The model on which these experiments were performed was a 3-foot square slab of plaster-celite, supported in a

vertical plane in a reinforced concrete frame. Four rubber bags, fitting each edge of the model slab, were connected to a compressed air supply which provided the loading medium. Previously, several mechanical arrangements were used to load the model, but were not successful because they introduced shear along the boundary of the slab. The compressed air provided uniform pressures which were equal on opposite edges; so that the rubber bags would deform with the slab and no shearing stresses would result.

In conducting the tests on the model, the first step was to obtain the modulus of elasticity directly from the model by observing strains over a 20-inch gage length with definite loads applied. This was done before cutting the gallery. Following this a circular opening, 5 inches in diameter, was cut in the center of the slab. Strains were observed with the tensimeters around the boundary of the circle and on rosettes located on concentric circles, %, 2){, and 4% inches from the boundary of the opening. From these strains were calculated radial and tangential stresses and principal stresses. This was a very important part of the experiment since an exact mathematical analysis could be made of the stresses around the circular opening, thus giving a valuable check on the experimental method. An exact mathematical analysis of the complete gallery with circular top and vertical side walls would be extremely long and laborious; so, having verified the results for the circular opening, the experimental method was accepted as reliable. Figure 9 shows a general view of the model slab. The full gallery opening was 5 inches wide and 7 inches high.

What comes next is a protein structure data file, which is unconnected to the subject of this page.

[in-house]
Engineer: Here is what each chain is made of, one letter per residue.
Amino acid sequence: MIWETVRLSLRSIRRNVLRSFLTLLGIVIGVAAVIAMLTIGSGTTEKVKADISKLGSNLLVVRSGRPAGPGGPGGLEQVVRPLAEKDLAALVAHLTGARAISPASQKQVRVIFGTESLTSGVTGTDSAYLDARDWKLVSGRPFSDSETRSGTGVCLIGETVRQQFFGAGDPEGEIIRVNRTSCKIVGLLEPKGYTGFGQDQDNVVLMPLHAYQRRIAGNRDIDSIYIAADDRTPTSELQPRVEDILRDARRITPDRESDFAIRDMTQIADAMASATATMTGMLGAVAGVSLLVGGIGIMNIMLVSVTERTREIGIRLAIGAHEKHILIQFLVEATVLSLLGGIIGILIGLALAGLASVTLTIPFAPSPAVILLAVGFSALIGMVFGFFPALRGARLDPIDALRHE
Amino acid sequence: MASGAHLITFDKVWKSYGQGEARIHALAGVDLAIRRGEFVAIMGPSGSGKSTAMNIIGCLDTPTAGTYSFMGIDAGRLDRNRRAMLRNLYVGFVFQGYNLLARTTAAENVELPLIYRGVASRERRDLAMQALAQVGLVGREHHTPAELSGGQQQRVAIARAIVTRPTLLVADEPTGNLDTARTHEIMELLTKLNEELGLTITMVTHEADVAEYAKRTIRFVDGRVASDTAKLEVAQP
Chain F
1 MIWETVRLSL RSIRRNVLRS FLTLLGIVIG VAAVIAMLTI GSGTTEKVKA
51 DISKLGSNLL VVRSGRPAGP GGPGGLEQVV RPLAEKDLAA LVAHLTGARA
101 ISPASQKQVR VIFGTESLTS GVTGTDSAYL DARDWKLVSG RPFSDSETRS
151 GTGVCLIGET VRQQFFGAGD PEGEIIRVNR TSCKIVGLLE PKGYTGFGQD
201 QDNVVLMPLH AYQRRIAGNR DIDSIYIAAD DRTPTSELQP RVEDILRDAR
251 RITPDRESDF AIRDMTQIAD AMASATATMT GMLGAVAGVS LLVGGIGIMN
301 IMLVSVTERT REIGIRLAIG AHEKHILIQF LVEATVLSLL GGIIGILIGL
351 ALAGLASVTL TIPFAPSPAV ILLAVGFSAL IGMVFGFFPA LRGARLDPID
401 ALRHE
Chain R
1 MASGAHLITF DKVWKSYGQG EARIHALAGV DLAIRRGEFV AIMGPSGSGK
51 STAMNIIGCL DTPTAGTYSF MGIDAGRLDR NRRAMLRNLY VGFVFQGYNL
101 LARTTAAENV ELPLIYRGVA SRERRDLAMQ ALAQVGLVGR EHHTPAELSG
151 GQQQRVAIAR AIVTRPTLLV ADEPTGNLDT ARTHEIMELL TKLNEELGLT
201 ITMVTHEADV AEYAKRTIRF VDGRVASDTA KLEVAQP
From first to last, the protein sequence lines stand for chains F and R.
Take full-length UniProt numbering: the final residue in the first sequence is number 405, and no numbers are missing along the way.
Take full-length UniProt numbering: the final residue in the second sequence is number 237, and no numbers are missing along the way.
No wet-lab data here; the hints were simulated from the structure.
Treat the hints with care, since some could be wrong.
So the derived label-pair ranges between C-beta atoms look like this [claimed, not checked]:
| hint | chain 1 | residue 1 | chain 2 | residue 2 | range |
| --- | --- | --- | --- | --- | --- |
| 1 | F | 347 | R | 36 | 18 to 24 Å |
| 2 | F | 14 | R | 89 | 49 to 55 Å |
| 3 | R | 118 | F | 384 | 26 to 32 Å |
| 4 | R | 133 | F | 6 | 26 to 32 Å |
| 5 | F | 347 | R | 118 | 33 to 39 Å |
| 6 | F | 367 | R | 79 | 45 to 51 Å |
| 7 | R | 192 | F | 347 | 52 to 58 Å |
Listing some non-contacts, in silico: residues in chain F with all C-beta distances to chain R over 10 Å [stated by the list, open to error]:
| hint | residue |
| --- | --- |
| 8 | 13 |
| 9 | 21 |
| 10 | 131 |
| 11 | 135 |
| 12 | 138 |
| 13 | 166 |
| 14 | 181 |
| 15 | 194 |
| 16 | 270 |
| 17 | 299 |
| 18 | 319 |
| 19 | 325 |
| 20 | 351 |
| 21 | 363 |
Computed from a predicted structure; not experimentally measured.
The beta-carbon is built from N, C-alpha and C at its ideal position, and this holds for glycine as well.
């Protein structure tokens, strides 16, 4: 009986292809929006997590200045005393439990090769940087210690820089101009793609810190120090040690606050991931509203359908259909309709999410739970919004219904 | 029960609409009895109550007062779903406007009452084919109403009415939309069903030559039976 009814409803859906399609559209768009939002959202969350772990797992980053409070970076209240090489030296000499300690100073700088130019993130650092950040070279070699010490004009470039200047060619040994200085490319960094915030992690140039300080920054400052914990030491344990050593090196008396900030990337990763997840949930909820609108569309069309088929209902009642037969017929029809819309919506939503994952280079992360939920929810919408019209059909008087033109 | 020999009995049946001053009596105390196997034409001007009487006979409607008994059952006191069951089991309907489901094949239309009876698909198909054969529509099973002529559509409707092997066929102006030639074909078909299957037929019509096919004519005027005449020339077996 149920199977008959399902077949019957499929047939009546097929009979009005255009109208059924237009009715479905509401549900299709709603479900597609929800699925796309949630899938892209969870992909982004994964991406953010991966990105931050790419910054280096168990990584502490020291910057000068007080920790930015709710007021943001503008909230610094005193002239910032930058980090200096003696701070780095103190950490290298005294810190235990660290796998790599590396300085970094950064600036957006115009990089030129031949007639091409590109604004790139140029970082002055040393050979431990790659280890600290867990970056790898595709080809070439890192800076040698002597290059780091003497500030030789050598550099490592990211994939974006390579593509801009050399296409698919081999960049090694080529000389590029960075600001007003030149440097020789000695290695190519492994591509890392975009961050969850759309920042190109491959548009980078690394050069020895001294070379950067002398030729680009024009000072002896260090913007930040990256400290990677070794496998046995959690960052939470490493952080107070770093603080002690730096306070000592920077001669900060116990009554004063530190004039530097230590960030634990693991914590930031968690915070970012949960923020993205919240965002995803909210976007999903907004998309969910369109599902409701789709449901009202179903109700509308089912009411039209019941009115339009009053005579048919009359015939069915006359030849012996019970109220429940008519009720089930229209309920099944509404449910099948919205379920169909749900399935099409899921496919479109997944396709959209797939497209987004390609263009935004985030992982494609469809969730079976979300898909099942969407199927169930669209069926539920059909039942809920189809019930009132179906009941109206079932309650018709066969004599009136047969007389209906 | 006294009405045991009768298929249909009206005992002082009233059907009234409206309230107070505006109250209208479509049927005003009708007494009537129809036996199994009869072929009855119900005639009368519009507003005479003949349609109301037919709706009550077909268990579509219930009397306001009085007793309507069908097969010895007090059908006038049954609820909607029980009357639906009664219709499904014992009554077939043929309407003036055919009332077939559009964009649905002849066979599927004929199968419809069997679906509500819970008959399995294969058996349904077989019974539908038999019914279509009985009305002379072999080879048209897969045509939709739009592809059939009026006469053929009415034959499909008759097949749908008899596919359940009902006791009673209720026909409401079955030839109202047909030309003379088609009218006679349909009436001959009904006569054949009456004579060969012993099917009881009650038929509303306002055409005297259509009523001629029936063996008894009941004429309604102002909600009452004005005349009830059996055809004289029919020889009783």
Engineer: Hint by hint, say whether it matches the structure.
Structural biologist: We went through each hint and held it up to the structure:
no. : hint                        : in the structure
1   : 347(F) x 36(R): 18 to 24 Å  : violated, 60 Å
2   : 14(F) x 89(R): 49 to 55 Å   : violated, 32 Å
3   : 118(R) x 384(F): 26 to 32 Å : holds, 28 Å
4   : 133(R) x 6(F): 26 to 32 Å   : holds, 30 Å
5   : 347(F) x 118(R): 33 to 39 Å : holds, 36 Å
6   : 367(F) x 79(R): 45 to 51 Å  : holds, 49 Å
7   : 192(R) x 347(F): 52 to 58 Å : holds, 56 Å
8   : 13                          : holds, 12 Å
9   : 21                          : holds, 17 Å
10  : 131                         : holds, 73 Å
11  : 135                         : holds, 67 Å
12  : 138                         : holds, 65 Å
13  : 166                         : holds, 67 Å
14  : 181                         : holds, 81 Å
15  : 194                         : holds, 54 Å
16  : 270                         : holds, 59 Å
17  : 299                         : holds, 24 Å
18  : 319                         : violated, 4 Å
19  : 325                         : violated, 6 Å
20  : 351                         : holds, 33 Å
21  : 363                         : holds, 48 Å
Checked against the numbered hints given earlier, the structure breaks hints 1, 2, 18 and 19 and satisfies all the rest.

Four series of tests were run on the model, using four different model slabs with the gallery cut out at angles of zero, 15°, 30°, and 45°, respectively, with the direction of the vertical principal stresses. In the interior of a gravity dam the direction of the maximum principal stress does not vary more than 45° from the vertical. Consequently the test results are within 7%° of any actual case.

For each of the four inclinations of the gallery, six different combinations of loads were applied in the following proportions, the first figure being the horizontal load and the second the vertical load: 1-0, 1-1, 1-2, 1-3, 1-4, 0-4. Strain measurements were made around the entire edge of the gallery and on three gage lines outside the gallery at distances of ){, 2%, and 4)% inches from the boundary of the gallery. From these strain measurements, radial, tangential, shear, and principal stresses were calculated for each of the four inclinations of the gallery under the six loading conditions making a total of 24 different stress conditions investigated.